The current paper presents a finite element simulation of the residual stress field associated with a three pass slot weld in an AISI 316LN austenitic stainless steel plate. The simulation is split into uncoupled thermal and mechanical analyses which enable a computationally less expensive solution. A dedicated welding heat source modelling tool is employed to calibrate the ellipsoidal Gaussian volumetric heat source by making use of extensive thermocouple measurements and metallographic analyses made during and after welding. The mechanical analysis employs the Lemaitre-Chaboche mixed hardening model. This captures the cyclic mechanical response which a material undergoes during the thermo-mechanical cycles imposed by the welding process. A close examination of the material behaviour at various locations in the sample during the welding process, clearly demonstrates the importance of defining the correct hardening and high temperature softening behaviour. The simulation is validated by two independent diffraction techniques. The well-established neutron diffraction technique and a very novel spiral slit X-ray synchrotron technique were used to measure the residual stress-strain field associated with the three-pass weld. The comparison between the model and the experiment reveals close agreement with no adjustable parameters and clearly validates the used modelling procedure. © 2012 Elsevier Ltd. All rights reserved.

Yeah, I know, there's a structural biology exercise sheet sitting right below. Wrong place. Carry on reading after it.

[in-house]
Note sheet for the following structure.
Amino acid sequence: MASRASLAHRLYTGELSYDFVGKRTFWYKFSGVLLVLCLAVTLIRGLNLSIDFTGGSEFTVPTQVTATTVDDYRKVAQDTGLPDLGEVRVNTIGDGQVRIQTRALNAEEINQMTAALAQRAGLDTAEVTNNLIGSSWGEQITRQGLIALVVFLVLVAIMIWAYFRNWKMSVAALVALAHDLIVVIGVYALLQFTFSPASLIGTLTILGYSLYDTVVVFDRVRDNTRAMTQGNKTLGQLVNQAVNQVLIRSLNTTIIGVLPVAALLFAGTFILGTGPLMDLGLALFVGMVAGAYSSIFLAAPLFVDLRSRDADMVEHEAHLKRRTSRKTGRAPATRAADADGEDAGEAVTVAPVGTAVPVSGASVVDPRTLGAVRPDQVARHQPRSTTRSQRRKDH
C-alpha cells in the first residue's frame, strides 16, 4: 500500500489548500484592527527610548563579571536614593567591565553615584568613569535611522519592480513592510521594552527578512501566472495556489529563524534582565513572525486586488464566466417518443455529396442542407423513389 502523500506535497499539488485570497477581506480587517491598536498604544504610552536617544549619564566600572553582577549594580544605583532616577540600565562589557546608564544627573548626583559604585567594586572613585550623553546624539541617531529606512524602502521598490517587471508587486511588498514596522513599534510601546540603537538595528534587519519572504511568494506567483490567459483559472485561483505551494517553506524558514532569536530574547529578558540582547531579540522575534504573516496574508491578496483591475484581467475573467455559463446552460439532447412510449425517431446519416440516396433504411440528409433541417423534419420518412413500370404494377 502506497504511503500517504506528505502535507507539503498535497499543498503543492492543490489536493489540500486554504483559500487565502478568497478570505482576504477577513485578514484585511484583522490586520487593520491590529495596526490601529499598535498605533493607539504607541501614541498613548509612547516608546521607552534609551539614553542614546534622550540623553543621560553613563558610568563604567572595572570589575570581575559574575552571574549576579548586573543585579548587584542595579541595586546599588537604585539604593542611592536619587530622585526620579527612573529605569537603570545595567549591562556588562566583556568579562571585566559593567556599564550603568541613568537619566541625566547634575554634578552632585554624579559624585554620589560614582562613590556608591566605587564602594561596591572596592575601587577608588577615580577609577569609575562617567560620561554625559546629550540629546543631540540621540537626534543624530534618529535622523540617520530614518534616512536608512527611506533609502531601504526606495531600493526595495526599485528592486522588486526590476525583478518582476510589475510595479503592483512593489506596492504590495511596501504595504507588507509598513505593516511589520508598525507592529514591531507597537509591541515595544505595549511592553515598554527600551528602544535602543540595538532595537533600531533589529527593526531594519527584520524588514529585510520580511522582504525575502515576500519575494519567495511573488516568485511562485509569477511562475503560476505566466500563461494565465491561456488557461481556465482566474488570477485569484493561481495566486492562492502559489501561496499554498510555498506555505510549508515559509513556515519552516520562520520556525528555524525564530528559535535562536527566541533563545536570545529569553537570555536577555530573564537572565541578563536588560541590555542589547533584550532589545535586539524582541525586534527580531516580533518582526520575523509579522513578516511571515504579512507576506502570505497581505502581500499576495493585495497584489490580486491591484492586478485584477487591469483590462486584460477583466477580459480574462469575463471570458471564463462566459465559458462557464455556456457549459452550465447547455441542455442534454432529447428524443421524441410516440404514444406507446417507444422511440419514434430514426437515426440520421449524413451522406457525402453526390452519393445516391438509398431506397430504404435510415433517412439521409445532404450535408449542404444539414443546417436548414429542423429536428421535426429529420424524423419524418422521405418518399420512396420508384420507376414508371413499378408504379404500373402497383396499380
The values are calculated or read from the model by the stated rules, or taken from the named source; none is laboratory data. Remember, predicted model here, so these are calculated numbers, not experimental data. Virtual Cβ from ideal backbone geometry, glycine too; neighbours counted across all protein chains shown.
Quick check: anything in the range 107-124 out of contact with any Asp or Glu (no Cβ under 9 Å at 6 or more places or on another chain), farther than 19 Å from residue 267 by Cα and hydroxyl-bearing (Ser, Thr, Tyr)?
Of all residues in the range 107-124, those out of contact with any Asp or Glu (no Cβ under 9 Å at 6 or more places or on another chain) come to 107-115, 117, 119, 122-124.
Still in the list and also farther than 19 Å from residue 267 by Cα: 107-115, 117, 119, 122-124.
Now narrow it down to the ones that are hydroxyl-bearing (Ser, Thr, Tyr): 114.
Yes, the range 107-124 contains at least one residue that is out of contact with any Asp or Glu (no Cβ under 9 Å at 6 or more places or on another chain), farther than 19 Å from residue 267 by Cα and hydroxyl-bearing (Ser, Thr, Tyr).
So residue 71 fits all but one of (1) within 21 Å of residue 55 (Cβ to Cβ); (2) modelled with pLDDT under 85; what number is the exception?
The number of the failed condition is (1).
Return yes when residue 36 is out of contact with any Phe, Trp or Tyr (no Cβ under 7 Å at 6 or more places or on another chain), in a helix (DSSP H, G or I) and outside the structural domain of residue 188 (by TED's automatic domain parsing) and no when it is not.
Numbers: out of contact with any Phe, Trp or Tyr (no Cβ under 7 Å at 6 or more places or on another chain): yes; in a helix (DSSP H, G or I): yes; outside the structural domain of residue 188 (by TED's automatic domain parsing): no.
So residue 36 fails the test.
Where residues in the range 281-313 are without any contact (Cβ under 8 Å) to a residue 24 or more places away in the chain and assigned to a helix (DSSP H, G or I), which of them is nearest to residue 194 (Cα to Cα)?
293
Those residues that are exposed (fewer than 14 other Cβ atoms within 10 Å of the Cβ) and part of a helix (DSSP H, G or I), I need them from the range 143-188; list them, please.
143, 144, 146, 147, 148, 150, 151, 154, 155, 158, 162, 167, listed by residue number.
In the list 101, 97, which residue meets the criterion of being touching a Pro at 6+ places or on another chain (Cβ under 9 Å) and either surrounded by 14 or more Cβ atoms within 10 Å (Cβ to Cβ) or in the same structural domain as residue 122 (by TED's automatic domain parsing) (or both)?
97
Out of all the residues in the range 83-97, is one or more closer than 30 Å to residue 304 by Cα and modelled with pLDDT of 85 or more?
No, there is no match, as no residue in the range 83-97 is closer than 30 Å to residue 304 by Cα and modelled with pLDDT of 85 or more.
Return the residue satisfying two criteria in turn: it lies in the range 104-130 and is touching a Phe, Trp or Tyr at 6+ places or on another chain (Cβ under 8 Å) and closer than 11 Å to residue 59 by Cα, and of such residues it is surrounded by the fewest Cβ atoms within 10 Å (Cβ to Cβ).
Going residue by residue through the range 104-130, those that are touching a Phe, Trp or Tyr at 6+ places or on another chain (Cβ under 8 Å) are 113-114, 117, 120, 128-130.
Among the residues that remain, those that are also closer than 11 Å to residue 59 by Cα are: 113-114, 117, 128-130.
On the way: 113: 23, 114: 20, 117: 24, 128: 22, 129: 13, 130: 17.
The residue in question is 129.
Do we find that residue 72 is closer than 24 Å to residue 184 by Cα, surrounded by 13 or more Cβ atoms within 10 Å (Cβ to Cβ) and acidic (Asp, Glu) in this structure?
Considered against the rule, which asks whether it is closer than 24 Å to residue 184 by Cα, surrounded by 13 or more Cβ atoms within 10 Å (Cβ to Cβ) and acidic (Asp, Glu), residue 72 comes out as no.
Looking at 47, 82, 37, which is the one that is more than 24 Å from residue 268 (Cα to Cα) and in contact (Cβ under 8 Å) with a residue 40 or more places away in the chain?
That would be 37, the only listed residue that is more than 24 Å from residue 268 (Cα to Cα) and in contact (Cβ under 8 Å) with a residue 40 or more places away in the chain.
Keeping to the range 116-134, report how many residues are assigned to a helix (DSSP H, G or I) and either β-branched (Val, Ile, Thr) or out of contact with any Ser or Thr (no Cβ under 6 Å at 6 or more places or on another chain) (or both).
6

Holden T.M.,Northern Stress Technologies
Canadian Journal of Physics | Year: 2010

The origins of the method, which relies on the high penetration of thermal neutrons through most industrial materials, in the late 1970s and 1980s and its development up to the present time are described. The basic steps from the measurement of lattice spacing to the calculation of stress are outlined. The length scales on which strains and stresses are manifest have a bearing on the interpretation of strain in terms of stress. A number of examples of macroscopic strain or stress fields are described where these scale considerations, as well as gradients of solute concentration that affect the interpretation of strain, matter. The strains on the length scale of the grains provide useful information about the elasticity and plasticity of materials, particularly in materials of lower symmetry than cubic. Finally, a number of future directions are suggested, which are enabled by the new intense neutron sources and improved equipment built in the last few years.